Splashed by Whales
|Mother, J10, and son, J18. Mom is 37 years old, her offspring 21.|
From here the guides suggested we continue down the shoreline. "Well, we might as well do something," I thought. "We've two more hours to kill." But we hadn't paddled for more than a few minutes before Zach's radio went off. After consulting it, he turned to us and said the whale boat, a distant spec on the horizon, had found a whale, heading toward Canada.
Inez and I turned out from the shore and raced to intersect the whale. "There!" shouted Inez when we were still about a half mile away. "See the fin?"
I saw nothing. It was like when my father described a pheasant amidst corn stubble, or an elk's head peering out from behind a tree. Unless you've seen it before, you don't know what to look for.
"Time to book!" I shouted to Inez. We paddled faster and felt no strain. I looked around and the rest of our pack was way back. We had a small chance and we had to go for it.
As the lactic acid began to build up in my arms, I saw something. At our distance it still only looked like a black finger rolling over into the water. But it was headed our way. We'd come out beyond the corner of the island and in the great southern beyond a long snow dappled line of mountain appeared: the Olympics. Our kayak surged forward fueled by the surrounding splendor and anticipation.
We covered the next three blocks quickly, guessed we were in the right neighborhood, rested our paddles and studied the water. "Too bad we didn't bring any whale chow." I said to Inez.
"That's all right," she replied, "I will just use love."
And with that, she raised her hands and began wiggling her fingers at the water, like a magician pulling something out of a hat.
"Pphhoooooo!" announced the orca, as he parted the water at the very spot. He surfed by us in all his splendor and we were dumbfounded.His eyes were focused straight ahead on his.He rolled over and sounded.
"Oooooh-la-la!" shouted Inez, "I can't believe it." We watched him move closer to Canada, up-over-down, stitching his way north.
When we stopped vibrating, we looked around and saw our flotilla a half mile south, between us and the shore. In the water behind them we could just make out the foam wash of two more whales approaching. Just before reaching the other kayaks, the whales dove. Inez and I both guessed they would surface somewhere between us and stared for the first breaking wave. We were both wrong.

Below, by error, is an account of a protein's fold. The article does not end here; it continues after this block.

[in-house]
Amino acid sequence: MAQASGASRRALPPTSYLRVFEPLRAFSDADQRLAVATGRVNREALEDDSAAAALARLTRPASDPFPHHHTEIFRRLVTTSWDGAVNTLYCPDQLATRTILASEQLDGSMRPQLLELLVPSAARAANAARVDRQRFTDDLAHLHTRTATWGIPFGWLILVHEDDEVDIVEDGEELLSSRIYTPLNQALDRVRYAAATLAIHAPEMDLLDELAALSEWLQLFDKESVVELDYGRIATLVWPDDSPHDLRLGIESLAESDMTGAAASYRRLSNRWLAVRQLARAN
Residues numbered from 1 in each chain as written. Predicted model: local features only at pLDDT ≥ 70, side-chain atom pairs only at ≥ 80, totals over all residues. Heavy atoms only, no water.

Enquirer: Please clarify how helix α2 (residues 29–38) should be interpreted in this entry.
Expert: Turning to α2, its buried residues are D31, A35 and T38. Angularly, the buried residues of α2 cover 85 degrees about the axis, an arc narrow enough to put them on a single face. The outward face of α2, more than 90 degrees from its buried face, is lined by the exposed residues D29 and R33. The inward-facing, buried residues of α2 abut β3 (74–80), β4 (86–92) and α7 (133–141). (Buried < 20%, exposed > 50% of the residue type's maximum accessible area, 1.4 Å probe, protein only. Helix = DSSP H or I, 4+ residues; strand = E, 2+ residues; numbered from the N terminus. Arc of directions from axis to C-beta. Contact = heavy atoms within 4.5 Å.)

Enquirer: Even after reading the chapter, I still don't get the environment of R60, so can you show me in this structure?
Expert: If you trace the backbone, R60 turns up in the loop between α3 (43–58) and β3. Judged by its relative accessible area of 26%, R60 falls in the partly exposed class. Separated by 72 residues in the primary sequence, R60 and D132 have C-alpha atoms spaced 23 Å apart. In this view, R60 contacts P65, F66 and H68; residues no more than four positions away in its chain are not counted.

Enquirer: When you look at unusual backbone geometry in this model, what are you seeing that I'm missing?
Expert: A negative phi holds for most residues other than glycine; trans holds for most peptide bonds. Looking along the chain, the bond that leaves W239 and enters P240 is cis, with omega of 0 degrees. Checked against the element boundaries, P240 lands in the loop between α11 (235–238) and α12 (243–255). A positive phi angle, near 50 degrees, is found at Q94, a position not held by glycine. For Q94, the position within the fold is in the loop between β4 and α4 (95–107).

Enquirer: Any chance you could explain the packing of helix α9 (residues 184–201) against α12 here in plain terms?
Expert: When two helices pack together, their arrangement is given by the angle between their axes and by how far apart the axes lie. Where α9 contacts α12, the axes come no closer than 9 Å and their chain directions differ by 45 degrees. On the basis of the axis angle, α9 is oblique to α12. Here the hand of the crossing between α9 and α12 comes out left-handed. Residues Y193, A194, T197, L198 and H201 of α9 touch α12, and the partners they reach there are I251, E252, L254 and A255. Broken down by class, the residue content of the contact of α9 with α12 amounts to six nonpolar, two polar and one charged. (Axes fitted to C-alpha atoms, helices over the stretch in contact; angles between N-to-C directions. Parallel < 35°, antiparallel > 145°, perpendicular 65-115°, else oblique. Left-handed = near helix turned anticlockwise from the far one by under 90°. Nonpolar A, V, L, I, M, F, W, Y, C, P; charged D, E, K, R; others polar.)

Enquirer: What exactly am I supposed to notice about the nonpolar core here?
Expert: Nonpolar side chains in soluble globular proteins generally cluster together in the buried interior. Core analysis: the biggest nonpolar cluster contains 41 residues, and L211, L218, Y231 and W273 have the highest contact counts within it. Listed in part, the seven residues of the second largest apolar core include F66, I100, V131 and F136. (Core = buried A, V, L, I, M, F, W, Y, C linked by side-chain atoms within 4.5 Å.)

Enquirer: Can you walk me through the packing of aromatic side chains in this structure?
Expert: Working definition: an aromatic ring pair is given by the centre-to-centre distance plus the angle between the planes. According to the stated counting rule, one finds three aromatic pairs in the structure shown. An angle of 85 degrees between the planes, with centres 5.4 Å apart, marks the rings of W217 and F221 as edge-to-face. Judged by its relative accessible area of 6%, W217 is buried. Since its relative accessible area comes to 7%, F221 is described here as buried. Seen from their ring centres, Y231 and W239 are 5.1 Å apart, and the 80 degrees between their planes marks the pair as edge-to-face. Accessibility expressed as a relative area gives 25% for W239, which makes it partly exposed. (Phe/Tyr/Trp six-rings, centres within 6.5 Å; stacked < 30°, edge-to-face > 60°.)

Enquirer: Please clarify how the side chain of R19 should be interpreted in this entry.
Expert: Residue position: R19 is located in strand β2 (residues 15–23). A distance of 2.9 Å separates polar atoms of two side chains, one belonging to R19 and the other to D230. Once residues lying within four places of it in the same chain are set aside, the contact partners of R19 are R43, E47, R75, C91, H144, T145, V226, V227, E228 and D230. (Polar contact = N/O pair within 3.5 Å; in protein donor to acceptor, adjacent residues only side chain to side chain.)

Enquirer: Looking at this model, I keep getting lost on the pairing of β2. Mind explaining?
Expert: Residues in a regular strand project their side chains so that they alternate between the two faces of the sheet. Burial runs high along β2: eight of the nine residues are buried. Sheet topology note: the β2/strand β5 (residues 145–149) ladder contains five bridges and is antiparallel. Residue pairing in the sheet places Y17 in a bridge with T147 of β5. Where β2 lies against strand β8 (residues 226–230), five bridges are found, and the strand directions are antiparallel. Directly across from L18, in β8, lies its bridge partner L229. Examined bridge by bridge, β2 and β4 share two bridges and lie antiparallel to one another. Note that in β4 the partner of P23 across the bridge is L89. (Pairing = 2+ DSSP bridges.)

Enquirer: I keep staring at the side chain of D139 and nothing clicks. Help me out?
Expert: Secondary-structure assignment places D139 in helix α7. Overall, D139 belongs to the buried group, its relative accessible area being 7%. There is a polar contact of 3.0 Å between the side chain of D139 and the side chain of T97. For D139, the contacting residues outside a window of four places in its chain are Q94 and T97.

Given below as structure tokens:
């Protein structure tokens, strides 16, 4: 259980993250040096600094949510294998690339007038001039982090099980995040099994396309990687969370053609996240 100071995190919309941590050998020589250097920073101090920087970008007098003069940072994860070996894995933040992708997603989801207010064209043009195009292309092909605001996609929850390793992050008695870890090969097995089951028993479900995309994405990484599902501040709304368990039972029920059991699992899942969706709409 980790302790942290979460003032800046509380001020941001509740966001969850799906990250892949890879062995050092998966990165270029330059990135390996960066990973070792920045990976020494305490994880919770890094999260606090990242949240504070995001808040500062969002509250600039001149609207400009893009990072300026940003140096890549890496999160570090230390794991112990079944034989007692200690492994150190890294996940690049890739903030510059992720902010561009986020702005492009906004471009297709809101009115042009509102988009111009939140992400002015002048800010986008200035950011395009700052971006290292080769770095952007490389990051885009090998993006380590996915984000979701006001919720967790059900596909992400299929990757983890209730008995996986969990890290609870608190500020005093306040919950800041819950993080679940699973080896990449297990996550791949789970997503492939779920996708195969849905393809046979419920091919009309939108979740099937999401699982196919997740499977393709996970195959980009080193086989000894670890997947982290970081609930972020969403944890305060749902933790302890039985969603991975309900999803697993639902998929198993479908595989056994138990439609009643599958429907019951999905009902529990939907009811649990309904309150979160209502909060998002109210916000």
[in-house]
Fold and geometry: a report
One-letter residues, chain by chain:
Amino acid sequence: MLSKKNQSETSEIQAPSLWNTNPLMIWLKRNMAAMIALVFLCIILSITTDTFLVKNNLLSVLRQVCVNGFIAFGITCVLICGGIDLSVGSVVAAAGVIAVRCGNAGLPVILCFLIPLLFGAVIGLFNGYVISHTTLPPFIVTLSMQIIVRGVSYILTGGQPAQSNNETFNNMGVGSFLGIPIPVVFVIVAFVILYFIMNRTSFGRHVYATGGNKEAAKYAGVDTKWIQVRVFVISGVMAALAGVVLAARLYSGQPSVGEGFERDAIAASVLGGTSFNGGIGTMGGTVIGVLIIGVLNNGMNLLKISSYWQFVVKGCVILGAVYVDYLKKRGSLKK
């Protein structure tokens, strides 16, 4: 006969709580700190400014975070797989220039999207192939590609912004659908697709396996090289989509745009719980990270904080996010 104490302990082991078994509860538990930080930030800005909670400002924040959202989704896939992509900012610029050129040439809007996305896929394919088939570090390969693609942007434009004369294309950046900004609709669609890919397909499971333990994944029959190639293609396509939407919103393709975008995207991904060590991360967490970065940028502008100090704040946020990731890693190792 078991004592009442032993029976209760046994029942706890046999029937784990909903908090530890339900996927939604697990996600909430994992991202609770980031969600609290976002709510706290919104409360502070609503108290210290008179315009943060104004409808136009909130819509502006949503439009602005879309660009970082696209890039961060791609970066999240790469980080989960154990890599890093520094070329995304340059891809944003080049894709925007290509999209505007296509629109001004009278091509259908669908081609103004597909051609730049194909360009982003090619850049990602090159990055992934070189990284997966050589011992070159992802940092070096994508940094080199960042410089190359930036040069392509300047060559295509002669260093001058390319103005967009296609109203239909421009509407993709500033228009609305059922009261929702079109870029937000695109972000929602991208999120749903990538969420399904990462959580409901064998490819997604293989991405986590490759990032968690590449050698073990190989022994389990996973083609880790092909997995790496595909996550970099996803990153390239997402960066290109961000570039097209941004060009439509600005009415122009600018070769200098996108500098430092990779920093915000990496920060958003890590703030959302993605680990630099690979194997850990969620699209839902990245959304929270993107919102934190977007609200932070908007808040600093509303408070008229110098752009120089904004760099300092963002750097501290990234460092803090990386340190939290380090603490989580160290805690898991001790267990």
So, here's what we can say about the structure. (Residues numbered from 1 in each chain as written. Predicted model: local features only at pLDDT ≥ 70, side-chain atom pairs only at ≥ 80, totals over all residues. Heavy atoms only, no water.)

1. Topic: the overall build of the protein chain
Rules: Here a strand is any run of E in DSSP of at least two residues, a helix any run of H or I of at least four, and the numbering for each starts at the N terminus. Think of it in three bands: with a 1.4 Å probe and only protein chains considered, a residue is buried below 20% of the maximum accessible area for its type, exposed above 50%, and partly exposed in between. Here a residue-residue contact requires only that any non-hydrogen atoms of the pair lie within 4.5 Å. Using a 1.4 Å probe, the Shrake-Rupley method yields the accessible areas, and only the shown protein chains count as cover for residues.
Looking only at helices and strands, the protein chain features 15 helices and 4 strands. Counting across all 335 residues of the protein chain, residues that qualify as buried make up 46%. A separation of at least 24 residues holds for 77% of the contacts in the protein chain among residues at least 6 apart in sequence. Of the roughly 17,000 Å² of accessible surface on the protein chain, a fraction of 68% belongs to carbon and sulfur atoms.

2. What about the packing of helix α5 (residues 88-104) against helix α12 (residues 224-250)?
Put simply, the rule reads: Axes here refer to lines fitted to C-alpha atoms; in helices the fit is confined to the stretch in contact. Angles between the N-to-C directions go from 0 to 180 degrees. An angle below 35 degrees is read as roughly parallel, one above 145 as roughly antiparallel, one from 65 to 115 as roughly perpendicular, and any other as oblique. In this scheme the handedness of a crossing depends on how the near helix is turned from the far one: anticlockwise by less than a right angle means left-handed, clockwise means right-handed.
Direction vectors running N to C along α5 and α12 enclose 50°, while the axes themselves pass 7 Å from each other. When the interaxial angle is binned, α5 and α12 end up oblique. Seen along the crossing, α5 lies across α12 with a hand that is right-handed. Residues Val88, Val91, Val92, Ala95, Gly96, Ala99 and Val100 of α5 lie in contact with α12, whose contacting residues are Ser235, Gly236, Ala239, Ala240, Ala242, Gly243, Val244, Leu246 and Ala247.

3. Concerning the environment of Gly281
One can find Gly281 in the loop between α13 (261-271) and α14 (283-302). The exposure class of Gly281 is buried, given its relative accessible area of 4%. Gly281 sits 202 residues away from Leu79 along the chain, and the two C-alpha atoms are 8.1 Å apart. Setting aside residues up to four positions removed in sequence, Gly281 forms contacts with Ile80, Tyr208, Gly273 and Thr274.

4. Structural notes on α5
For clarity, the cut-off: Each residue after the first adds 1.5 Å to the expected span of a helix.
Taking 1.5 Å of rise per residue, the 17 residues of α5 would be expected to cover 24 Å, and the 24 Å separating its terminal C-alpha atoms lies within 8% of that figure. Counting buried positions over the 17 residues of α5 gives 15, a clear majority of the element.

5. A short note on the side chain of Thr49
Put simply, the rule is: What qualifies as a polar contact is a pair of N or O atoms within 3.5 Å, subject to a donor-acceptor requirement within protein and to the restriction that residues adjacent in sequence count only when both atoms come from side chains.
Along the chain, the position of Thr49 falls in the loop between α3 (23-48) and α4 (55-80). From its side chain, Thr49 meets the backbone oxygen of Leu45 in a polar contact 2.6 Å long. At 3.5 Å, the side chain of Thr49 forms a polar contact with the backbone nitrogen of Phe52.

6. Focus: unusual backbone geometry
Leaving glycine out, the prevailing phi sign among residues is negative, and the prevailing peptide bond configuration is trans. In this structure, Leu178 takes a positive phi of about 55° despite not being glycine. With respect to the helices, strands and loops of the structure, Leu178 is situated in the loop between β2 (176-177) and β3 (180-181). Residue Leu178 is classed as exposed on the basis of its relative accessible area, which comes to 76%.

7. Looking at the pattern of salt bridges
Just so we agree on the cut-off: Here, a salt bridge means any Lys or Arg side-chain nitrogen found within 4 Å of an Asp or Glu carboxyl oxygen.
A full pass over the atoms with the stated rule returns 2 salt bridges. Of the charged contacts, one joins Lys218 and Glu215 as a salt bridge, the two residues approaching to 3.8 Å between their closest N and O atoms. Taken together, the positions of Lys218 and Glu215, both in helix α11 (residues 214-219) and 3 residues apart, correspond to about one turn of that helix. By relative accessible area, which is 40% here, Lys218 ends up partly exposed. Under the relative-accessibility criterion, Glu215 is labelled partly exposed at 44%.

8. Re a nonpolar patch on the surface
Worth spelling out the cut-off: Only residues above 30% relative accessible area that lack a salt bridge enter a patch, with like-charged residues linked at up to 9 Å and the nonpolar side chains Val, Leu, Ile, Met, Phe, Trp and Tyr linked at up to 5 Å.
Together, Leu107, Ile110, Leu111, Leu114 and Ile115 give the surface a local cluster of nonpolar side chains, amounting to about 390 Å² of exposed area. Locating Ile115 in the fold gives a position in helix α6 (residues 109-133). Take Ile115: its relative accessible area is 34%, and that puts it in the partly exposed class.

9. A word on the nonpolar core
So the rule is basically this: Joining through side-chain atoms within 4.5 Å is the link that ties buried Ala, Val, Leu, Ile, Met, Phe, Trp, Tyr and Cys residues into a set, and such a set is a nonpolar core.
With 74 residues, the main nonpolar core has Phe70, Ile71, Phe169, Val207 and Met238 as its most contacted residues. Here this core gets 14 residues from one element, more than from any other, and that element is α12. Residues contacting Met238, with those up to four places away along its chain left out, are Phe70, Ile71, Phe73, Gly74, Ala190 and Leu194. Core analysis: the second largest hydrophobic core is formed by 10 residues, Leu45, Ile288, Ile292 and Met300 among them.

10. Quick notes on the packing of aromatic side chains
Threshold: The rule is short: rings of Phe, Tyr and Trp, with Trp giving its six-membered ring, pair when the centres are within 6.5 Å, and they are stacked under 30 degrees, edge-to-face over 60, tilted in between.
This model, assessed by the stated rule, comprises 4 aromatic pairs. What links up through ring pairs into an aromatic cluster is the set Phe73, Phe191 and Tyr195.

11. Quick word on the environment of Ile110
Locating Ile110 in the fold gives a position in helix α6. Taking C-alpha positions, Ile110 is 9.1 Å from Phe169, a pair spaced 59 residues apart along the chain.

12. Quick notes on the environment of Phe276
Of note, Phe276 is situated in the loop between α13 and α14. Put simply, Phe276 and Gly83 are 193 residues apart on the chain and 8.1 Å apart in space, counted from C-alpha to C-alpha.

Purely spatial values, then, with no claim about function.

Phoooooooo! came up on our back side. There they blow. As we turned, we could see their tails power them back down and the waves rocked our kayak. They were heading off to join that first male.
Wow! What a show. We thought it was over. But it had just begun. We tried to locate where they were by their blowings, which sounded like some champion swimmer doing the butterfly had just surfaced on your shoulder. But since the sounds were jerking us around in every compass direction, it occurred to me that this clarion call was echoing off the islands around us.
"We are surrounded by whales!" Inez realized first. There were orcas entering the passage to the south and leaving it at the north. Plus, on either sides of us animals appeared. As the parade passed by us, we tried counting fins, as they quickly flipped over.
"One, two, three, four. . ."
Our count was interrupted by a calf that came flying out of the water, wiggling in the air.
At first I thought it was a black fish, but no way would that prey be hanging around here among these predators that rule these aquatic surroundings.
Details mentioned in this article were accurate at the time of publication